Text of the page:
New Mazdaspeed3 Almost Definitely Not Happening
While many senior executives at Mazda have stated their wish for a new Mazdaspeed3, it doesn’t appear that there will be a new version of the performance-enhanced version of the Mazda3.
Too small a company?
Last year, Mazda CEO Akira Marumoto declared the performance-focused Mazdas finished.
Mazda had just unveiled the new Mazda3 at the L.A. Auto Show late in 2018 when the Marumoto made the statement. He explained that Mazda was too small a business to be focusing on the development of performance vehicles. Instead, he said the company wanted to focus on incorporating “driving pleasure” into its standard line of vehicles.
“Mazda is a small player, and so does that particular area have a high priority for Mazda? My answer is no,” Marumoto explained. “And therefore we are not planning an MPS either.”
Mazdaspeed used to be a performance sub-brand for Mazda, the U.S. version of Mazda’s European MPS division. Its last model was a five-seat hatchback with a powerful, turbocharged 2.3-liter engine. It was, however, discontinued in 2013.
Warm hatches and cautious optimism
The Mazdaspeed3s had been a popular hot hatch or a high-performance version of the mass-produced hatchback. But with their already engaging driving dynamics, if Mazdaspeed3s were hot hatches, you could probably call regular Mazda3s warm hatches.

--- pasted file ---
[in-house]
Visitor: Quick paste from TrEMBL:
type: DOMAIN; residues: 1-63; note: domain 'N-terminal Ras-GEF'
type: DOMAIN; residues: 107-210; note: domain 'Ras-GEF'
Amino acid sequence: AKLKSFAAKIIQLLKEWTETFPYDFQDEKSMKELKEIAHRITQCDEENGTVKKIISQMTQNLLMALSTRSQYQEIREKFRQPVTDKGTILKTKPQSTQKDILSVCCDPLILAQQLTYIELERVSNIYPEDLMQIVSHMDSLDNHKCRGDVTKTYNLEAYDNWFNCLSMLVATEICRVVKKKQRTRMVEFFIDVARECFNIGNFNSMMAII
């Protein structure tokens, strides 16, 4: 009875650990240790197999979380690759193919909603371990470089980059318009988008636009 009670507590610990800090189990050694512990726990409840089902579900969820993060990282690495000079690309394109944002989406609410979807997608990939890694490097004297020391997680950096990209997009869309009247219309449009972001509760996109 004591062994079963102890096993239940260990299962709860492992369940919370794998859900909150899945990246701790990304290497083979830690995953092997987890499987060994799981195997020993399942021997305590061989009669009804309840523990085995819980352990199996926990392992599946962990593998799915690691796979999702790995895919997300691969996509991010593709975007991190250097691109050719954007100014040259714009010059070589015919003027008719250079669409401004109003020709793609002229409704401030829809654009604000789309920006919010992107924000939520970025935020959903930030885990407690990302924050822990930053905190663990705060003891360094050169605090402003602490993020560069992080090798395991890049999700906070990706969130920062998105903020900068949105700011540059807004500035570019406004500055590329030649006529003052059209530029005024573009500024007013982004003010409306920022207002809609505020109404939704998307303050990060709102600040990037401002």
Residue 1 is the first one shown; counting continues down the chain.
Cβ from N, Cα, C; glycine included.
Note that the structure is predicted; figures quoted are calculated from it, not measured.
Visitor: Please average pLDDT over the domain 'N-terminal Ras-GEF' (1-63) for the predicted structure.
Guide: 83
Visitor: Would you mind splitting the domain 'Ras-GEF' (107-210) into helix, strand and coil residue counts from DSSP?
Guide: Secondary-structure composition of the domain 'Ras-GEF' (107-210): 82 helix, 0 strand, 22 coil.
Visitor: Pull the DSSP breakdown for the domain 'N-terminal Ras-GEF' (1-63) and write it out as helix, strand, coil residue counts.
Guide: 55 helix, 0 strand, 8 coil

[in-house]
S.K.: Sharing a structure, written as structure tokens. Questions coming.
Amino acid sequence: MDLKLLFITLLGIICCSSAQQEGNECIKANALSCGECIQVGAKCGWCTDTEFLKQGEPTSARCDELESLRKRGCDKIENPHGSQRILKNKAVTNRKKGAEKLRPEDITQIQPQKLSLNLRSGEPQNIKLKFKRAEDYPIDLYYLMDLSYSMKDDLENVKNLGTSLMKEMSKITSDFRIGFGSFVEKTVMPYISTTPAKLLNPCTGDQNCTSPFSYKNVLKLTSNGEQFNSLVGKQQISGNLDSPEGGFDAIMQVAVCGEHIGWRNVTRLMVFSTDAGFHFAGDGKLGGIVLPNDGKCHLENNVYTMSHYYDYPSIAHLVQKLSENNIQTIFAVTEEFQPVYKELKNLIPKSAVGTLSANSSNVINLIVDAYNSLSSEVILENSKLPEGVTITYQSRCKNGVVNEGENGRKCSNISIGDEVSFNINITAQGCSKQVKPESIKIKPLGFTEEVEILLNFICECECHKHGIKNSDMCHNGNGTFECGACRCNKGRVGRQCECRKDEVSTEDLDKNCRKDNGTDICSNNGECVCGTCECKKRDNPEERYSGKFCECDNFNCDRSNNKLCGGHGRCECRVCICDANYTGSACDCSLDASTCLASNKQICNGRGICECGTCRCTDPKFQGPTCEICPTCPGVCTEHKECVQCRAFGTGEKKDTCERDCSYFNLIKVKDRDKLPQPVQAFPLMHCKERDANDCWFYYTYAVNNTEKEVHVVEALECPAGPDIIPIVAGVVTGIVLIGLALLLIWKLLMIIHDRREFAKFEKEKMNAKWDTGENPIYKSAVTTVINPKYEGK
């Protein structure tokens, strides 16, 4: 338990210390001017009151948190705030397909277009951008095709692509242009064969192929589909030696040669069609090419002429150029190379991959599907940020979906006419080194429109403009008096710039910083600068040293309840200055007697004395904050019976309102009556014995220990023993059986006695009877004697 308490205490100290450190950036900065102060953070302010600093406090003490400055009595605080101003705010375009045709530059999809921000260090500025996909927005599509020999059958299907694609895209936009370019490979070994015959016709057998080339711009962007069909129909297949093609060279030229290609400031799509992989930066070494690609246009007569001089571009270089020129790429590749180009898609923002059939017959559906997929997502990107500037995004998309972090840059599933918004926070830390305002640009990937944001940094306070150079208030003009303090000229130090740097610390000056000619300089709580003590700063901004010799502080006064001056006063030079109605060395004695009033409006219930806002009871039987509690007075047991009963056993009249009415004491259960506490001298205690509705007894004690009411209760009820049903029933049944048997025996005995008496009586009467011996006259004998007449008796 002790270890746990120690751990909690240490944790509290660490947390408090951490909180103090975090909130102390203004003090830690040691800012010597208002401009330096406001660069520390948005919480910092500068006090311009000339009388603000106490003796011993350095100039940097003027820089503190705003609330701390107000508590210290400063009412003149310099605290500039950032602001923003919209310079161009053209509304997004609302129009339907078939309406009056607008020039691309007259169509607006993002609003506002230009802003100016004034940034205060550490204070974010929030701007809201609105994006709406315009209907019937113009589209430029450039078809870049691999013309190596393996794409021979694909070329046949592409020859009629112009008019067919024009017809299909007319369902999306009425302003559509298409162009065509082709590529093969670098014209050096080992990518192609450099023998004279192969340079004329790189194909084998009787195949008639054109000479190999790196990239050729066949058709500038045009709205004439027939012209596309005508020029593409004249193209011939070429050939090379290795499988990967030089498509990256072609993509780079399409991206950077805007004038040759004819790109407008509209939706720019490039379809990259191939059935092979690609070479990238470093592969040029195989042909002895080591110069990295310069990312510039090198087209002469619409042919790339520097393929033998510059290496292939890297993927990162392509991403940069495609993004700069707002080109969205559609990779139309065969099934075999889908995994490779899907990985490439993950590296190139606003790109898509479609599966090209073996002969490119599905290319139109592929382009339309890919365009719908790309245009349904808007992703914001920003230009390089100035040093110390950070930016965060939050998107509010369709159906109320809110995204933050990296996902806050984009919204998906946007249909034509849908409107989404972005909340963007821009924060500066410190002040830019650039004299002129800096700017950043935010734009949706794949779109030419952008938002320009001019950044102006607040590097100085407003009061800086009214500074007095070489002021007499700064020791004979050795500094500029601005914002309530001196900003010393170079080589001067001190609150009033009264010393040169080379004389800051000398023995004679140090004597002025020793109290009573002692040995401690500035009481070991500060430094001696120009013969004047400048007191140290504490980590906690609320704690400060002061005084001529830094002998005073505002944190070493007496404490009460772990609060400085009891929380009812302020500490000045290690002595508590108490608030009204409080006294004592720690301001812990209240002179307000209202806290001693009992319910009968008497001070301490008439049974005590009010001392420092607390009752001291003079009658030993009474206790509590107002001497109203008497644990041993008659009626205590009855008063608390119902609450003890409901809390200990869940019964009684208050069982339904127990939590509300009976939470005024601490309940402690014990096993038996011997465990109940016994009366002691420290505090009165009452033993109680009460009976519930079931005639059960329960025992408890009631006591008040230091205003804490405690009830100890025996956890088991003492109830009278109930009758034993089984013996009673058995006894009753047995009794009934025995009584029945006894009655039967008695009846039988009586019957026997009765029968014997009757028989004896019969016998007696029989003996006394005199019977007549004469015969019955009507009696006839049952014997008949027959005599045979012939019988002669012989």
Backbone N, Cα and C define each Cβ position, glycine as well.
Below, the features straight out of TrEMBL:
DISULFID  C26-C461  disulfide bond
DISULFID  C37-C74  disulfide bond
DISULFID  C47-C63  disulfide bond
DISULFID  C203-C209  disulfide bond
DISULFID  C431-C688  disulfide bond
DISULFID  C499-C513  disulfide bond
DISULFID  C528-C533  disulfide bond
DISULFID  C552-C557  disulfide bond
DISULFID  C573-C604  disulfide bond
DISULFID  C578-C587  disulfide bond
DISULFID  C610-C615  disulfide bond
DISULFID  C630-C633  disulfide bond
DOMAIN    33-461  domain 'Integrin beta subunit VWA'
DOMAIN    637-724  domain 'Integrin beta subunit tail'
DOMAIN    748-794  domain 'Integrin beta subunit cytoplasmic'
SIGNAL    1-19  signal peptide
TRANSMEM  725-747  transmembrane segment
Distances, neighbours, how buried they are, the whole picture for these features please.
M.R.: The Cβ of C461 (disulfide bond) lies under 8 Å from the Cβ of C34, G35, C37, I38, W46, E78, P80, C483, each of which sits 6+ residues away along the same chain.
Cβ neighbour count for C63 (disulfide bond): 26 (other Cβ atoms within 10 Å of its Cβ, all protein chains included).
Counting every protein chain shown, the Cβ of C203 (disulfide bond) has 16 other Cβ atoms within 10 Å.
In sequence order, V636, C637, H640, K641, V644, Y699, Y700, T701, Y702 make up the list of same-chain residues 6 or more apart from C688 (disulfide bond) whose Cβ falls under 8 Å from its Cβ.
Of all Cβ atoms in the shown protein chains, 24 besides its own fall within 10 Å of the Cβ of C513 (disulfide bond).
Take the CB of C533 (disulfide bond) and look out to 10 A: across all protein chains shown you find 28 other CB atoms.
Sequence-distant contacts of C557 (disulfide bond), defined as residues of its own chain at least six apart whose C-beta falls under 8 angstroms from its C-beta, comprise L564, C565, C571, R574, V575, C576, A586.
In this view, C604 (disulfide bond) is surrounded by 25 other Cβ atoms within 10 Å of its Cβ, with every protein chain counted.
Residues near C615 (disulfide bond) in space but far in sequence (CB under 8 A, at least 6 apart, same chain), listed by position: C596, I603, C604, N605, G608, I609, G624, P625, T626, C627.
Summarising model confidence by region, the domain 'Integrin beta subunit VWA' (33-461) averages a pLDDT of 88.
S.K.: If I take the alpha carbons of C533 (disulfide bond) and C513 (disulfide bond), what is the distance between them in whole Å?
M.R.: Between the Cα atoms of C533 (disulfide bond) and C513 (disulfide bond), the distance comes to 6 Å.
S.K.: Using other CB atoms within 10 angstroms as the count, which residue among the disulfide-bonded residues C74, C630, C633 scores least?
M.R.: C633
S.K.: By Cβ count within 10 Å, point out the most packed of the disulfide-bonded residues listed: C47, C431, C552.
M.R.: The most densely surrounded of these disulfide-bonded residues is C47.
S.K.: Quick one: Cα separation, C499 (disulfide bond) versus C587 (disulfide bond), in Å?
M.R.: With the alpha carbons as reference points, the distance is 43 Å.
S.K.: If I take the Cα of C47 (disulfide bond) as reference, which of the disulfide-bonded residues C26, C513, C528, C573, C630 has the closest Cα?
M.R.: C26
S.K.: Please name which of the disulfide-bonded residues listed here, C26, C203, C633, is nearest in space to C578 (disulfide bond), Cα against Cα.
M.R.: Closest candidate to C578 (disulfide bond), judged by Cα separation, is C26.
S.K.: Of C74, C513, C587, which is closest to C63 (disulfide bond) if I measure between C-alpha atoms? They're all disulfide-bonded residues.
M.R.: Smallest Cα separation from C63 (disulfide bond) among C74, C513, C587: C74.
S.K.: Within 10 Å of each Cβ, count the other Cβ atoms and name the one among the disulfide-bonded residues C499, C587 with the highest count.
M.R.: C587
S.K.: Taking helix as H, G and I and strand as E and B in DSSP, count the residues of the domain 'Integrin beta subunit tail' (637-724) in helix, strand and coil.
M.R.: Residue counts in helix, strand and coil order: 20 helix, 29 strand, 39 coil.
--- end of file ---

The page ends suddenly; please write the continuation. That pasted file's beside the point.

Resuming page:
They certainly can’t match the remaining hot hatches like the Golf GTI or the new Hyundai i30 N which continue to impress and improve.
The fastest Mazda3s available since the death of the Mazdaspeed3 has been the Mazda3 SP25 and the very brief diesel XD Astina.
But then around April, there were new rumors of a plan to bring back a solid Mazda3 performance hatch. Those seemed confirmed by a report from the UK where Mazda3 Program Manager Kota Beppu allegedly expressed his wish for the return of a performance hatch for Mazda. It seemed the senior Mazda staff in Australia very much shared those sentiments.
Hiroyuki Matsumoto, the Mazda global development and product planning manager, was asked in July about the possible return of a performance hatch at Mazda. This happened at the international launch of Mazda3’s Skyactiv-X. There were smiles and laughs all around when Matsumoto got the question.
The answer was not so funny and seemed pretty finite.
“We are capable of creating an engine to answer such demands for more power, but at the moment we have no plan to do it,” Matsumoto explained.
It had only been two weeks before that when there was news that Mazda was about to begin their TCR motorsport series. There are to be three vehicles in production for it. And those would seem to go along well with a performance-enhanced hatch.
While Mazda gets ready for the return of a rotary-engined sports car, maybe the rumors of such a model serve as a diversion. The sports car will almost certainly be the star of the show in the company’s 100th birthday celebrations next year.
Either way, it doesn’t look like we’re getting a new Mazdaspeed3.
If Mazda could, why won’t it?
From a certain point of view, it makes practical sense. Most automakers have been trying to keep costs down and streamline where they can in today’s auto market. Developing a new Mazdaspeed3 may be on the wishlist of the brand’s many fans. It does nothing to help the company in its goals of moving upmarket.
Even in today’s competitive environment, other companies seem to see value in that particular segment. Hyundai will bring its Veloster N to the U.S. Honda’s Civic Type R is in production. Volkswagen is ramping up production of both the GTI and the Golf R.
All this considered, many Mazda fans are feeling bummed out about the company bailing out of the segment entirely.